Table 4 presents the partially and fully adjusted ORs obtained by logistic regression analysis for the presence of CHD associated with FcγRIIa genotypes. In the MONICA population, the OR for the presence of CHD associated with the HH genotype was 0.92 (95% CI, 0.65 to 1.31) after adjustment for age and gender and increased to 1.01 (95% CI, 0.69 to 1.48) after adjustment for other covariates (Table 4). If the RR and the RH genotype were taken as reference, the OR associated with the HH genotype was 0.99 (95% CI, 0.75 to 1.28) after adjustment for age and gender, and increased to 1.08 (95% CI, 0.81 to 1.44) after additional adjustment for other covariates.
Table 4

Partly and Fully Adjusted Odds Ratios for CHD Associated With FcγRIIa Genotypes: MONICA and LURIC Study

Genotype

Partly-adjusted OR (95% CI)

Multivariable-adjusted OR (95% CI)

MONICA*

RR131

1 reference

1 reference

RH131

0.92 (0.66–1.26)

0.91 (0.65–1.29)

HH131

0.92 (0.65–1.31)

1.01 (0.69–1.48)

RR or RH 131

1 reference

1 reference

HH131

0.99 (0.75–1.28)

1.08 (0.81–1.44)

LURIC**

RR131

1 reference

1 reference

RH131

0.95 (0.76–1.18)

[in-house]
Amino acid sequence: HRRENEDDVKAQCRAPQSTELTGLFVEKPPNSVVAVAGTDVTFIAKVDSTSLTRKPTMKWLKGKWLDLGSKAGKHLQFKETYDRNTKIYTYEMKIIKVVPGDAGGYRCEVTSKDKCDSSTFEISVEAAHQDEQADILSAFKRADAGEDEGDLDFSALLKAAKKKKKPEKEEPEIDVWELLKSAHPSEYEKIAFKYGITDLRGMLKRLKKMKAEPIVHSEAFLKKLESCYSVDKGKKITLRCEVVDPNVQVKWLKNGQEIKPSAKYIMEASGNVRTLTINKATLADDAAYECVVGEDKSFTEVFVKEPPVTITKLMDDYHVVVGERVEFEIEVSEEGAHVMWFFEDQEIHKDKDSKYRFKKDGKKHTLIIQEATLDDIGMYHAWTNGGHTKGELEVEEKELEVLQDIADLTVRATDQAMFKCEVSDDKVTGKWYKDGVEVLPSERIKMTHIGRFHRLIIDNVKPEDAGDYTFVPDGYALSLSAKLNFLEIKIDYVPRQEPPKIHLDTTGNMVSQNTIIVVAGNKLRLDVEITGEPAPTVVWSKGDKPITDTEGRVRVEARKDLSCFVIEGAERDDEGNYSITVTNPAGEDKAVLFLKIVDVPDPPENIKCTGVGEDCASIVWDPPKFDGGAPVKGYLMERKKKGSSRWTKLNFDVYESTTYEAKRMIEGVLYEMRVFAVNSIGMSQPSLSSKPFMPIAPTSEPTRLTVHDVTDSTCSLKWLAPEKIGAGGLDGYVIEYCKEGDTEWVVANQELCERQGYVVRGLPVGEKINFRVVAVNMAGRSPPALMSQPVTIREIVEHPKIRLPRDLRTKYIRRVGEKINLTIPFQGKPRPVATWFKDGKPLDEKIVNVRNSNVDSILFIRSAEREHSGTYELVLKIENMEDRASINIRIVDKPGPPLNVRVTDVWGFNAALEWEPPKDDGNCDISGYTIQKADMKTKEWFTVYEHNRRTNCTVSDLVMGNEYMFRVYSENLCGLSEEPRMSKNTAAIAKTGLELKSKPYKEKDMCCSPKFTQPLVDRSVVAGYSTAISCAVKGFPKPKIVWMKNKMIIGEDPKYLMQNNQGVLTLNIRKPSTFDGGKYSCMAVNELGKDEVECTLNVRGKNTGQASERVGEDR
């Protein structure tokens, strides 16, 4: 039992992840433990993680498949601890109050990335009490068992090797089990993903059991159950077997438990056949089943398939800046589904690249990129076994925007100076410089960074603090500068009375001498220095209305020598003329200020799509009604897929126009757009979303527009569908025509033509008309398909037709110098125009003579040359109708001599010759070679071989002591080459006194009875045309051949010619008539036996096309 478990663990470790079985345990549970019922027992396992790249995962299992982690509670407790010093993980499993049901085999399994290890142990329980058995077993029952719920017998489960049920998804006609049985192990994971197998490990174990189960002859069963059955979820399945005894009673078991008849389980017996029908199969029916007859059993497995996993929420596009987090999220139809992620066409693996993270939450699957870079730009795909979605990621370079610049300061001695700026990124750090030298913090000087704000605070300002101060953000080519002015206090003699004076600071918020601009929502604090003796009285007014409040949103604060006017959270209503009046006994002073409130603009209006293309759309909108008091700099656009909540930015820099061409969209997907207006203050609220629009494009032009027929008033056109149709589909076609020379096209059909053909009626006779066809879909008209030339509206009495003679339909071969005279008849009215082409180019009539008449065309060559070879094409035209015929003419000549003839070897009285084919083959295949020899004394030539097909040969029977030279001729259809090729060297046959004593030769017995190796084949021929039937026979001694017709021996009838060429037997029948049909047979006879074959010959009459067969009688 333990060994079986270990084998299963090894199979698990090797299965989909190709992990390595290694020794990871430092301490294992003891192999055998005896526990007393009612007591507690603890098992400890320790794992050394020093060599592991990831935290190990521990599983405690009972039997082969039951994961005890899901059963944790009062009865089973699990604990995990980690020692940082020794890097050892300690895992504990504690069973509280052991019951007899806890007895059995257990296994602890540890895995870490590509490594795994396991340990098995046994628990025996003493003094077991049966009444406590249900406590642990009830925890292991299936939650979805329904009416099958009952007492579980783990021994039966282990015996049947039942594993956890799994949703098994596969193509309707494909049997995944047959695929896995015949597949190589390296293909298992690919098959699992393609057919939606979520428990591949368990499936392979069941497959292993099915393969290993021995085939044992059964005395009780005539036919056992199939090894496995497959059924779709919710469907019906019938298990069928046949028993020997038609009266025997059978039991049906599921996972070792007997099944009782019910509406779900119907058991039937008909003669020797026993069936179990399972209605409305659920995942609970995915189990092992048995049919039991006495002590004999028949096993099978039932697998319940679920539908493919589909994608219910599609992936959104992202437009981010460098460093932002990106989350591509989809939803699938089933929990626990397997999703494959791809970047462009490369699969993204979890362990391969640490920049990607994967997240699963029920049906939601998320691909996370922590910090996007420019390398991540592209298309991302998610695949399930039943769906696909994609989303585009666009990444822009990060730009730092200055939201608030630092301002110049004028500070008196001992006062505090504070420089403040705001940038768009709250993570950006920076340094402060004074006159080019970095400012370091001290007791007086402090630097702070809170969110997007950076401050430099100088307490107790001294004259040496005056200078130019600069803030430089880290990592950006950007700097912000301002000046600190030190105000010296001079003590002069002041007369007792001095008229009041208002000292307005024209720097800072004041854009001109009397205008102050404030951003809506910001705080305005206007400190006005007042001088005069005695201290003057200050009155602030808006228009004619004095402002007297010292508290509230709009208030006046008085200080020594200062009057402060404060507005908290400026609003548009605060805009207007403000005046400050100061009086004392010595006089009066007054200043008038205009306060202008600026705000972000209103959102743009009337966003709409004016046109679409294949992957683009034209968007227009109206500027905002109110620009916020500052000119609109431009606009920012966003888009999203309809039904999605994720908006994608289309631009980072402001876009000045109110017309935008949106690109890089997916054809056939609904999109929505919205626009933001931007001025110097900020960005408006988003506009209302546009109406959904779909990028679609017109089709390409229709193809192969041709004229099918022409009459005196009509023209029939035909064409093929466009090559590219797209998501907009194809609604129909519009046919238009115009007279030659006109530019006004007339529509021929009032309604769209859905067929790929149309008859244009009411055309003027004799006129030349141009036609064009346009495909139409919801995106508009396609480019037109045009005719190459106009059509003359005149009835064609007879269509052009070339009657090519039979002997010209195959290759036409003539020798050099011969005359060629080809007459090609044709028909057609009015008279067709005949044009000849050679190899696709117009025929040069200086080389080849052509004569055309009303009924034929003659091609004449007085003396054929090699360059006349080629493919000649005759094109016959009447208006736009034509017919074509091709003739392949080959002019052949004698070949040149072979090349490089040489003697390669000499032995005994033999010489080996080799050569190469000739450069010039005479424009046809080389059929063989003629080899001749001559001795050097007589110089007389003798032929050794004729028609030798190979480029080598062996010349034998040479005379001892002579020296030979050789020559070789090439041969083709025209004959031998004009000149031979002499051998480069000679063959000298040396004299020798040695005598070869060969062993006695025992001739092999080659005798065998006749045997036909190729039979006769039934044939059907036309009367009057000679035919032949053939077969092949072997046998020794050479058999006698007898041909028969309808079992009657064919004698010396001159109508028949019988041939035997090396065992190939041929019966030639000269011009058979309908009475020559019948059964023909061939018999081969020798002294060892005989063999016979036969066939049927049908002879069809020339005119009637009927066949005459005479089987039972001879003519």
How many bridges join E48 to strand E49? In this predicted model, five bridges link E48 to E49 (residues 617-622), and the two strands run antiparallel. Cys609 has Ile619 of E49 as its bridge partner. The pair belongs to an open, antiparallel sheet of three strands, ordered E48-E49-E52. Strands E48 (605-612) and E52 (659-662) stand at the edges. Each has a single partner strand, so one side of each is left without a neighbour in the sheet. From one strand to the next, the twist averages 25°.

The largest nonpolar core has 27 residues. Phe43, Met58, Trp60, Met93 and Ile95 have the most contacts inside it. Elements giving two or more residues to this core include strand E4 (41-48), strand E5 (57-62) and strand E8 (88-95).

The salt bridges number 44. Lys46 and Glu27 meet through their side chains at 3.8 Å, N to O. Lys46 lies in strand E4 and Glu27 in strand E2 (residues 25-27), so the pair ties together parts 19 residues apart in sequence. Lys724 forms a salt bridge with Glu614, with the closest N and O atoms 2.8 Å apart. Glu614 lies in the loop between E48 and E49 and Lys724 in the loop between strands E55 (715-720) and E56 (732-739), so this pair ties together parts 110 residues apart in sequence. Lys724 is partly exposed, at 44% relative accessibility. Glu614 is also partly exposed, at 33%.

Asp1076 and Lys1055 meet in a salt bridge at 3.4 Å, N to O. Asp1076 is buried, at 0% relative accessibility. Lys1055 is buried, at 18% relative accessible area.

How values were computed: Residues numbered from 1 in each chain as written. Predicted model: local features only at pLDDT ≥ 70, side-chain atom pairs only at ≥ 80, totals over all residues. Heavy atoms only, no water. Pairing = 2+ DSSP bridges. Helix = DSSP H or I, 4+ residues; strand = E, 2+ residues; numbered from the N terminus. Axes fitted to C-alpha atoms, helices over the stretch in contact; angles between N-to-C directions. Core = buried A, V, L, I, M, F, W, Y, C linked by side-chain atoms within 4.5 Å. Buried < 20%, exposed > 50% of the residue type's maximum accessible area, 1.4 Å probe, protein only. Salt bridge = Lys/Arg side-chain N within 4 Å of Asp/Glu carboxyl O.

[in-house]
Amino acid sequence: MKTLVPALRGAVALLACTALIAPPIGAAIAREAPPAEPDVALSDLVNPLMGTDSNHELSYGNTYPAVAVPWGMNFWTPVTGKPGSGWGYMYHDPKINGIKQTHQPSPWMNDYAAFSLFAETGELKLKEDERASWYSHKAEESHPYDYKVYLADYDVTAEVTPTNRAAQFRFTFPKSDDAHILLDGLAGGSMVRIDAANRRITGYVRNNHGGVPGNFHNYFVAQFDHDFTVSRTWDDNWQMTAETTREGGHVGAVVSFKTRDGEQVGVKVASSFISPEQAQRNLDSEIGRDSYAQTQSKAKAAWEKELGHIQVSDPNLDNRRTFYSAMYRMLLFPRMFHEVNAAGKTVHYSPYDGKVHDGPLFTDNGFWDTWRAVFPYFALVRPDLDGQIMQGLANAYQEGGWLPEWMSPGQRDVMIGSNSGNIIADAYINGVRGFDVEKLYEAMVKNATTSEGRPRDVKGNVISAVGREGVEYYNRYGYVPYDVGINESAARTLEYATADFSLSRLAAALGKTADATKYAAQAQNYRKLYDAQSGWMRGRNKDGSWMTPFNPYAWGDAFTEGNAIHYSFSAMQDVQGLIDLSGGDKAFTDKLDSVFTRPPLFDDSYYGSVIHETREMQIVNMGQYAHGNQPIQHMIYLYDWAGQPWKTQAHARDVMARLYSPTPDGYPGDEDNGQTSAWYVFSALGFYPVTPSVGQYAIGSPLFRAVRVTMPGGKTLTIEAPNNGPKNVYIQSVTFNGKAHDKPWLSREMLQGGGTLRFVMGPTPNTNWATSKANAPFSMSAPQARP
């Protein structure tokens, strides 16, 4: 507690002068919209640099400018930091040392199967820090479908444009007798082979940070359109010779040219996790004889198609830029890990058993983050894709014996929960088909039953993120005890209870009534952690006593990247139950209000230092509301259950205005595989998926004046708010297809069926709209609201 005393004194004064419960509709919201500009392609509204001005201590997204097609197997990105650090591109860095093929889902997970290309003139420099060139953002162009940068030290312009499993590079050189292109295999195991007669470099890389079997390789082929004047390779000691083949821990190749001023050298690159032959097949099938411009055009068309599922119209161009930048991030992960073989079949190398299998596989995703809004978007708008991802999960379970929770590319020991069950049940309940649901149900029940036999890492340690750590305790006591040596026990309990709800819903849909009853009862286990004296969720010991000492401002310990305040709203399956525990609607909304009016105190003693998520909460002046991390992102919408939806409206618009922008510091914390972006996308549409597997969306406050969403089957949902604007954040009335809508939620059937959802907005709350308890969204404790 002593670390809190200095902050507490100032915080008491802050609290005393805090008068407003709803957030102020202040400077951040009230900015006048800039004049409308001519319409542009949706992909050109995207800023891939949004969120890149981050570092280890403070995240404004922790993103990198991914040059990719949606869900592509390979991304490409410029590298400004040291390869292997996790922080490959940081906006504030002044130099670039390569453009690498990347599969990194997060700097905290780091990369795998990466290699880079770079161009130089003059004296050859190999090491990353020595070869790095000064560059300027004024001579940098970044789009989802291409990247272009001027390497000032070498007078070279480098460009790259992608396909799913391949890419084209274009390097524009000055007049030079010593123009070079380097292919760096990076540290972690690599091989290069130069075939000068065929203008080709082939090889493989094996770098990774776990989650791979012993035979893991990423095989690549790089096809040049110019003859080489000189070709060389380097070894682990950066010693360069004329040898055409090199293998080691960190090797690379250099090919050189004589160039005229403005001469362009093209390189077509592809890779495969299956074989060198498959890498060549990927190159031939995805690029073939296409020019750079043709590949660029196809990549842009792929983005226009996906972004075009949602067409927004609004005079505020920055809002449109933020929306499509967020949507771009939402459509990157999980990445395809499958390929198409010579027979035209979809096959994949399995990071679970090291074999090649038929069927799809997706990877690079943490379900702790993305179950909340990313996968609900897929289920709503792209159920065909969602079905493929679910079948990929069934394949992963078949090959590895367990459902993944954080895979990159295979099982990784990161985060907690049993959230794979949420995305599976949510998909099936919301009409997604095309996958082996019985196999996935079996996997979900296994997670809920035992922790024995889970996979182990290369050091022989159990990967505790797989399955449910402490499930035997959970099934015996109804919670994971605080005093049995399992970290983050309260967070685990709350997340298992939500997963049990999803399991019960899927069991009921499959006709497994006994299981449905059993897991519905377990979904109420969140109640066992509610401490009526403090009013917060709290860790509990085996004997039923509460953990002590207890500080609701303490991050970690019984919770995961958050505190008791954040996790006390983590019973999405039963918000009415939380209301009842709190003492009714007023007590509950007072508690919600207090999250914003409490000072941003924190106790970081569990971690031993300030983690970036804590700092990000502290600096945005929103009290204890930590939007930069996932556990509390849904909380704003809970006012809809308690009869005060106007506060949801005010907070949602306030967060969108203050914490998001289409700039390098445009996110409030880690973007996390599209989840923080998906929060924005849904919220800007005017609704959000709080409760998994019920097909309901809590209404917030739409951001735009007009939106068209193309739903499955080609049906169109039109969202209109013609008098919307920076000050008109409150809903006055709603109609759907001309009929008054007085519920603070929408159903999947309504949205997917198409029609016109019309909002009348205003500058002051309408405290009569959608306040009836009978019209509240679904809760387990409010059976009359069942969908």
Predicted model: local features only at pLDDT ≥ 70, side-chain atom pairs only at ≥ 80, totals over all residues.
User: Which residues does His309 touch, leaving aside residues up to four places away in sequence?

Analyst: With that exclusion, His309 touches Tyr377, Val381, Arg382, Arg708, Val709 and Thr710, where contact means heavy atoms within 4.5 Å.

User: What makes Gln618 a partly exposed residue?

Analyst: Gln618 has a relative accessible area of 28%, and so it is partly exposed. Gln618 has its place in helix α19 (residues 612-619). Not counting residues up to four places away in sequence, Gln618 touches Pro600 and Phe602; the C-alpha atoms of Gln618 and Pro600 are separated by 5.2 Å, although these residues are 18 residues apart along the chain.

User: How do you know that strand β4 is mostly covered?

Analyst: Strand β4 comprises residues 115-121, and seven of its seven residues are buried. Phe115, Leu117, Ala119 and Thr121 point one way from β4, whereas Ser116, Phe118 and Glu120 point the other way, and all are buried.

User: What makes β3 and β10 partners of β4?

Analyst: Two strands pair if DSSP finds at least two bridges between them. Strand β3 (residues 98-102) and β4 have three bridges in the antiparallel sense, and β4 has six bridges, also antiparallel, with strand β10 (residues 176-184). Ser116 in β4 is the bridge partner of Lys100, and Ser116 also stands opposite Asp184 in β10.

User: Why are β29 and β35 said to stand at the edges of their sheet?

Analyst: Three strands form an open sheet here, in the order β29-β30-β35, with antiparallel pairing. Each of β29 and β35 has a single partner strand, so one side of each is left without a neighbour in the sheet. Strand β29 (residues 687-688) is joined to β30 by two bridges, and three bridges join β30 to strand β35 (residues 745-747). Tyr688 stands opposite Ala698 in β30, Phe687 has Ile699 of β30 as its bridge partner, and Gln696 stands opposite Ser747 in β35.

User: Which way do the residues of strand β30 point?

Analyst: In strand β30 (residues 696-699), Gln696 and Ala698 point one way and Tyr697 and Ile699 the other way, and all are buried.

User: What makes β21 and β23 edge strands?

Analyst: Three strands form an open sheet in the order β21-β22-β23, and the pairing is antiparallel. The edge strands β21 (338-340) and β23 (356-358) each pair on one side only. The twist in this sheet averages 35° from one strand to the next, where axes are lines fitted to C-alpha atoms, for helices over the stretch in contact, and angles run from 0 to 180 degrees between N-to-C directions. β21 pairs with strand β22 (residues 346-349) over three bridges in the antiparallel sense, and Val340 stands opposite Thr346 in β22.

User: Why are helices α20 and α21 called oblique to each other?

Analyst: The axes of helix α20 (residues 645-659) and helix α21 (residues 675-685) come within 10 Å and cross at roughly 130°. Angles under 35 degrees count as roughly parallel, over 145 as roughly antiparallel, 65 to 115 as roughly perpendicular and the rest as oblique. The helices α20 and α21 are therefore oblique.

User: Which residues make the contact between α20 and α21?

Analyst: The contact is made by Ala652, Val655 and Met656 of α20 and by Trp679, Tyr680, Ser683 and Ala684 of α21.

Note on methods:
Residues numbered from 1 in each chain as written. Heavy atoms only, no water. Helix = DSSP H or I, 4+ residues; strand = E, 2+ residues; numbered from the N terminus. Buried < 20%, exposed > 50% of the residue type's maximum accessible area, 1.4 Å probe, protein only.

0.97 (0.77–1.21)

HH131

0.99 (0.81–1.12)

1.01 (0.82–1.25)

RR or RH 131

1 reference

1 reference

HH131

0.96 (0.81–1.13)

0.96 (0.81–1.14)

*Partly-adjusted for age and gender; Multivariable-adjusted for age, gender, years of education, alcohol consumption, smoking status, BMI, history of hypertension and diabetes, HDL-cholesterol **Partly-adjusted for age and gender; Multivariable-adjusted for age, gender, smoking status, body mass index, history of hypertension, history of diabetes, HDL-cholesterol

In the LURIC population, the OR for CHD associated with the HH genotype in the LURIC population was 0.99 (95% CI, 0.81 to 1.12) after adjustment for age and gender and 1.01 (95% CI, 0.82 to 1.25) after further adjustment for other traditional cardiovascular risk factors. Again, if the RR and RH genotypes were taken as reference, the OR for the association of CHD with the HH genotype was 0.96 (95% CI, 0.81 to 1.13) after partial adjustment for age and gender, and did not change (0.96, 95% CI, 0.81 to 1.14) after multivariable adjustment.

Discussion

We expected carriers of the HH131 genotype to have a lower risk of CHD because of the strongly decreased binding of CRP to cells expressing the specific FcγIIa receptor. However, results from these two large independent case-control studies do not suggest that the HH131 genotype of FcγRIIa may be associated with a lower risk of CHD.

Association between FcγRIIa genotype and CHD